In the Journals

Percutaneous, open reduction for tibial shaft fractures yielded no increase in complications

Patients with closed tibia shaft fractures who underwent percutaneous or open reduction did not experience increased wound complications, infection or nonunion compared with patients who underwent closed reduction, according to results.

Hassan R. Mir, MD, and colleagues grouped 315 patients with 317 tibial shaft fractures by whether they underwent closed reduction, percutaneous reduction or open reduction. Main outcome measures included the development of superficial wound complications, deep infection or nonunion.

Hassan R. Mir

Overall, 198 patients underwent closed reduction; 61 patients underwent percutaneous reduction; and 56 patients underwent open reduction. Results showed no statistical differences in superficial wound complications between the groups, with a rate of 1% in the closed group; 1.6% in the percutaneous group; and 3.6% in the open group. Researchers also found a deep infection rate of 2% in the closed group, 1.6% in the percutaneous group and 7.1% in the open group. There were no significant differences between the groups for this finding, investigators wrote. The nonunion rate was also not statistically different between the groups, with rates of 5% in the closed group; 4.9% in the percutaneous group; and 7.1% in the open group. – by Casey Tingle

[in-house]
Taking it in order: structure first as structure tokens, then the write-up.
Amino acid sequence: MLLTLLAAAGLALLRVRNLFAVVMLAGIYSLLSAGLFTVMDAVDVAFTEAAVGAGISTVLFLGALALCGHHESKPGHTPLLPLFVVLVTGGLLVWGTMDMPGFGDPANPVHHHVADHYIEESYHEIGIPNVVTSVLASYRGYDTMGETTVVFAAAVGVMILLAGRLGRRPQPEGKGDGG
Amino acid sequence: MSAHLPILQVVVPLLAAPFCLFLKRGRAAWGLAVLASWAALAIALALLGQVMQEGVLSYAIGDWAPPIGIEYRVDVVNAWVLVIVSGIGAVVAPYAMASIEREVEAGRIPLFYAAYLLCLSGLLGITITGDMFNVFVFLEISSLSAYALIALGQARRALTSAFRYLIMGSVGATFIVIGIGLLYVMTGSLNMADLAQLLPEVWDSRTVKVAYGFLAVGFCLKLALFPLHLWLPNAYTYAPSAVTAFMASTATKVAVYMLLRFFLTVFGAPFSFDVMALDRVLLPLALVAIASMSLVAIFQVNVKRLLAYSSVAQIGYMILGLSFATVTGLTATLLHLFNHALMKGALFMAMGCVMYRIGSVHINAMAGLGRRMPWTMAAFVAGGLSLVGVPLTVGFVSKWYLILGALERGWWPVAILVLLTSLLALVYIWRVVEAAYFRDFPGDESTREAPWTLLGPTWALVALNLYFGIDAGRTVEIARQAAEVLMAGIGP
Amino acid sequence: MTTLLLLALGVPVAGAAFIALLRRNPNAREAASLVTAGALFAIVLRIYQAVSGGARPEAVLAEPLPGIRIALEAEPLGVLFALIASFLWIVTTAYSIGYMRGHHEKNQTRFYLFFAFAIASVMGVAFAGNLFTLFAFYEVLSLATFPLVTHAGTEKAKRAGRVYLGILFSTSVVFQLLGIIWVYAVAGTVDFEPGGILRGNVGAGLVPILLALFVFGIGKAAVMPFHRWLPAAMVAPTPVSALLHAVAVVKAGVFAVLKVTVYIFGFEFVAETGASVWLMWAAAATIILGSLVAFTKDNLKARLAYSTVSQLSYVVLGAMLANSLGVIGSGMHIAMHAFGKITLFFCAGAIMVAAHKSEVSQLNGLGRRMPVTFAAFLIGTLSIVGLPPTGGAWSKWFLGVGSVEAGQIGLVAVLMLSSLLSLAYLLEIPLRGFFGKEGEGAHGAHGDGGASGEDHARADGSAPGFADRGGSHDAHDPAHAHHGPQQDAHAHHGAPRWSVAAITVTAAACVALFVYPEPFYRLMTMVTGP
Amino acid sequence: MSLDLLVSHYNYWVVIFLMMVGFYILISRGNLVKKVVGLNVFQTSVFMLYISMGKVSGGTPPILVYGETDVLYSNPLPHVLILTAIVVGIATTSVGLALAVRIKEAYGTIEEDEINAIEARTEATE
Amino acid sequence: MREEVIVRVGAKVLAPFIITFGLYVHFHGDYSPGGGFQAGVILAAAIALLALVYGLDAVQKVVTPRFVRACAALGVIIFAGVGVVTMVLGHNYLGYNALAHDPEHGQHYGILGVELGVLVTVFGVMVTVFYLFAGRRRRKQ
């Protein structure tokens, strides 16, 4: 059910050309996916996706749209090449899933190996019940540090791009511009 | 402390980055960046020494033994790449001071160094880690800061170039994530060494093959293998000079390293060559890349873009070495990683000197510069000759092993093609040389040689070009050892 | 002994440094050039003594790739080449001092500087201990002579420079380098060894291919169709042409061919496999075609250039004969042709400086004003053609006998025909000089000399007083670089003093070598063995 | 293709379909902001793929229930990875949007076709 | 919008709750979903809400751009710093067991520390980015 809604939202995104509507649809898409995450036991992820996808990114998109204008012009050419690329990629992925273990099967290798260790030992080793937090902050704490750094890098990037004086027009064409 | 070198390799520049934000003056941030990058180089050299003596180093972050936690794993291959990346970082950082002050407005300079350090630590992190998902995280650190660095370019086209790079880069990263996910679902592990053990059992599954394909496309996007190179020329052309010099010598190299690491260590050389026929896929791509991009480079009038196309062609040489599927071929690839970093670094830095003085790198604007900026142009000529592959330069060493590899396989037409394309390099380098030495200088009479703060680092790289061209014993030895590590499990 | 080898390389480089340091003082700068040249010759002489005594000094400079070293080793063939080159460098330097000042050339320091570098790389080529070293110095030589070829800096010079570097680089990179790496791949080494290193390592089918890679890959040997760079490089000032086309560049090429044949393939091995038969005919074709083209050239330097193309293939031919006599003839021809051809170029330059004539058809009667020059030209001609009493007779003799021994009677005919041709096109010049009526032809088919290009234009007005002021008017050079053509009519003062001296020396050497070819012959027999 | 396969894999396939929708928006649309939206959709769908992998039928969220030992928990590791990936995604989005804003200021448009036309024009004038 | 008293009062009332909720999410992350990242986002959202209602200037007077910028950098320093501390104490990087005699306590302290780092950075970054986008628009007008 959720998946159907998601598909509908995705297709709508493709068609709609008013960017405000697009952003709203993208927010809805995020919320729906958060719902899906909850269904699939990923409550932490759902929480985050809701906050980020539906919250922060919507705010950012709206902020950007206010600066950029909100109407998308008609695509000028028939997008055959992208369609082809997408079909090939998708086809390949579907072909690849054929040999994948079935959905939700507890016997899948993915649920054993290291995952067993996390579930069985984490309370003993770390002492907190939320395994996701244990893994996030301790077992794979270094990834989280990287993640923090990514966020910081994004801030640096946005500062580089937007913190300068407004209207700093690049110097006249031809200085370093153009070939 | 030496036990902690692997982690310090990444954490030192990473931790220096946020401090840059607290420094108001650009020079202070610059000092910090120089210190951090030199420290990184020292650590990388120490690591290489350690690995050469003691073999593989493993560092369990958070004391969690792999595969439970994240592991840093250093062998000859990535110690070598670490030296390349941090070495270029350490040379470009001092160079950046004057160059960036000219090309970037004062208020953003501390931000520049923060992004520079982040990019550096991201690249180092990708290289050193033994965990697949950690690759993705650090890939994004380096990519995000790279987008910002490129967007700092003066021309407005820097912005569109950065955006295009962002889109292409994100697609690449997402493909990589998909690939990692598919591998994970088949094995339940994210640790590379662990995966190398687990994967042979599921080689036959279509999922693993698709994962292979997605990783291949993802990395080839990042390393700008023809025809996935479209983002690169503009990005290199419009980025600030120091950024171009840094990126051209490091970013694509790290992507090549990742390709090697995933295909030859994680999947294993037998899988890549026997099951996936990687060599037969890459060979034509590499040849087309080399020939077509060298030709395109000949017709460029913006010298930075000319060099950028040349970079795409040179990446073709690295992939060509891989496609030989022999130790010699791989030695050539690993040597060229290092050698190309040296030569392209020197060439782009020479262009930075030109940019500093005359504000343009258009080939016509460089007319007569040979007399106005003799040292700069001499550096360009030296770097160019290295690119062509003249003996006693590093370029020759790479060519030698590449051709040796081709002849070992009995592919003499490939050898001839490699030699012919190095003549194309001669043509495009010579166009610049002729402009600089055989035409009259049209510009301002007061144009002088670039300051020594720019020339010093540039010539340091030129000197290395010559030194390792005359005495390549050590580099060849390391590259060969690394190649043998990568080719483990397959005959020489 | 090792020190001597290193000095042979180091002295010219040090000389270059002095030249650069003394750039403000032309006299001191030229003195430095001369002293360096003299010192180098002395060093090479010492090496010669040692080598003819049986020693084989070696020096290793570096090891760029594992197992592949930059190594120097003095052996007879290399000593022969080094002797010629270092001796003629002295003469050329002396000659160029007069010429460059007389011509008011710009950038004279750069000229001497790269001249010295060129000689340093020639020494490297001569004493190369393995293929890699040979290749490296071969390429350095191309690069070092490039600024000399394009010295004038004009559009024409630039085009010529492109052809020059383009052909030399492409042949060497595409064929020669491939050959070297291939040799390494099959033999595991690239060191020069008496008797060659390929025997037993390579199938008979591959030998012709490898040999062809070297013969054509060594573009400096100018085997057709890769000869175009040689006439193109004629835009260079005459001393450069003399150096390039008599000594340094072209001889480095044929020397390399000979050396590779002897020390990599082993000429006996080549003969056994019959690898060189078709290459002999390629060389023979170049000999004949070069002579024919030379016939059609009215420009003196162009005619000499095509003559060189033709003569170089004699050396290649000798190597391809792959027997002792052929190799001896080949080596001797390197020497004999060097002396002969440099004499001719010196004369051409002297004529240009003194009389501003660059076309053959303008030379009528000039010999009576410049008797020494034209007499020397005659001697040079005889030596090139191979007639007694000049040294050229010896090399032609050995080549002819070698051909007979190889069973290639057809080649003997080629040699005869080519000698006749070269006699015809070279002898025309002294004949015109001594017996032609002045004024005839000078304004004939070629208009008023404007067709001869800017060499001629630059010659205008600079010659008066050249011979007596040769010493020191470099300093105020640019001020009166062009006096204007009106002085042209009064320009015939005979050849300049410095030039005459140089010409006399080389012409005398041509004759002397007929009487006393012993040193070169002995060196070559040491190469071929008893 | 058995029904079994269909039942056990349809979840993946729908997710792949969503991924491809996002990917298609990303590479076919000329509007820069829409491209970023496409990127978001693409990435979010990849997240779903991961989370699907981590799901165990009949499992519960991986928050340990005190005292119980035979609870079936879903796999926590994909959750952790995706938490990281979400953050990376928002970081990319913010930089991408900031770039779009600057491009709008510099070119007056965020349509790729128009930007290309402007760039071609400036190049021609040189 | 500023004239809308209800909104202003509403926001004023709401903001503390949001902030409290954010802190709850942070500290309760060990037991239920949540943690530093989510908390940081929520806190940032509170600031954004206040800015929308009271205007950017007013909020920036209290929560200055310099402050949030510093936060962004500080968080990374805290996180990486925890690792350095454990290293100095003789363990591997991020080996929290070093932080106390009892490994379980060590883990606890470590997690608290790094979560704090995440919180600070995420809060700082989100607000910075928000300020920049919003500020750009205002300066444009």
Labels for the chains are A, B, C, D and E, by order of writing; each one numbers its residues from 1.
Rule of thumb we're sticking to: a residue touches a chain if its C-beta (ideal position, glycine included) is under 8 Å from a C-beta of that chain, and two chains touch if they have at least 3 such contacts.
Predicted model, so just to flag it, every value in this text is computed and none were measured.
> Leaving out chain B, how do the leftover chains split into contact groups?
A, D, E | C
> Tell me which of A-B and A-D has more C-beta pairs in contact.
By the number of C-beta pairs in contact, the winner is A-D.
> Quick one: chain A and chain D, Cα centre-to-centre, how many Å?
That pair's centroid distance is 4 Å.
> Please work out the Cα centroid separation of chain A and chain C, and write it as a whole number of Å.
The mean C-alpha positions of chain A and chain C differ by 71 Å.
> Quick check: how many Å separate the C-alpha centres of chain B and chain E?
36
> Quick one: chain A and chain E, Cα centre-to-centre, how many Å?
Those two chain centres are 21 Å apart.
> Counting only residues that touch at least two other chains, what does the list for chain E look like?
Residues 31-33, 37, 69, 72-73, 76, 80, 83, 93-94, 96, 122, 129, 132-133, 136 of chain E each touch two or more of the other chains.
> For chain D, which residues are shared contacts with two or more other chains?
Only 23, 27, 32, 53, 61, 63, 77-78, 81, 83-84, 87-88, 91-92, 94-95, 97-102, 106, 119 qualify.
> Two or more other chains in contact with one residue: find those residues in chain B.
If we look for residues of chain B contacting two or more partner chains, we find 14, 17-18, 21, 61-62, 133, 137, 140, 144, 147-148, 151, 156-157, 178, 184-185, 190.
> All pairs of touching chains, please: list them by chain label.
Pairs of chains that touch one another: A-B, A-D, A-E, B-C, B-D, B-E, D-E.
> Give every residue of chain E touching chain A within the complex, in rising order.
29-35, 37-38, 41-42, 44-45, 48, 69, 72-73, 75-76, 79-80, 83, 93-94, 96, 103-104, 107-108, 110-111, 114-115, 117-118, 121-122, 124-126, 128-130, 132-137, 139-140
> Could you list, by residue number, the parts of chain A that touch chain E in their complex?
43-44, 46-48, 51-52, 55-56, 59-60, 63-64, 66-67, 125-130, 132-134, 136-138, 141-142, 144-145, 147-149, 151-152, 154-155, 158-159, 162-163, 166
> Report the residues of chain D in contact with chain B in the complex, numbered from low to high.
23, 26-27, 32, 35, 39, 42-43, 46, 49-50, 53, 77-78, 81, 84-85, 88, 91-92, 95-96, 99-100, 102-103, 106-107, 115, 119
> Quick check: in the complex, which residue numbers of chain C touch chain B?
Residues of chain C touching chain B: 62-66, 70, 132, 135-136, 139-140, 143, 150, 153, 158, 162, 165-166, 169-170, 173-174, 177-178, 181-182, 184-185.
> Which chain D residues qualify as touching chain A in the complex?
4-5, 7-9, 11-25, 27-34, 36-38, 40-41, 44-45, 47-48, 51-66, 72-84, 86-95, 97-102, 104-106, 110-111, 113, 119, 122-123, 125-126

Disclosure: The researchers report no relevant financial disclosures.

Patients with closed tibia shaft fractures who underwent percutaneous or open reduction did not experience increased wound complications, infection or nonunion compared with patients who underwent closed reduction, according to results.

Hassan R. Mir, MD, and colleagues grouped 315 patients with 317 tibial shaft fractures by whether they underwent closed reduction, percutaneous reduction or open reduction. Main outcome measures included the development of superficial wound complications, deep infection or nonunion.

Hassan R. Mir

Overall, 198 patients underwent closed reduction; 61 patients underwent percutaneous reduction; and 56 patients underwent open reduction. Results showed no statistical differences in superficial wound complications between the groups, with a rate of 1% in the closed group; 1.6% in the percutaneous group; and 3.6% in the open group. Researchers also found a deep infection rate of 2% in the closed group, 1.6% in the percutaneous group and 7.1% in the open group. There were no significant differences between the groups for this finding, investigators wrote. The nonunion rate was also not statistically different between the groups, with rates of 5% in the closed group; 4.9% in the percutaneous group; and 7.1% in the open group. – by Casey Tingle

Disclosure: The researchers report no relevant financial disclosures.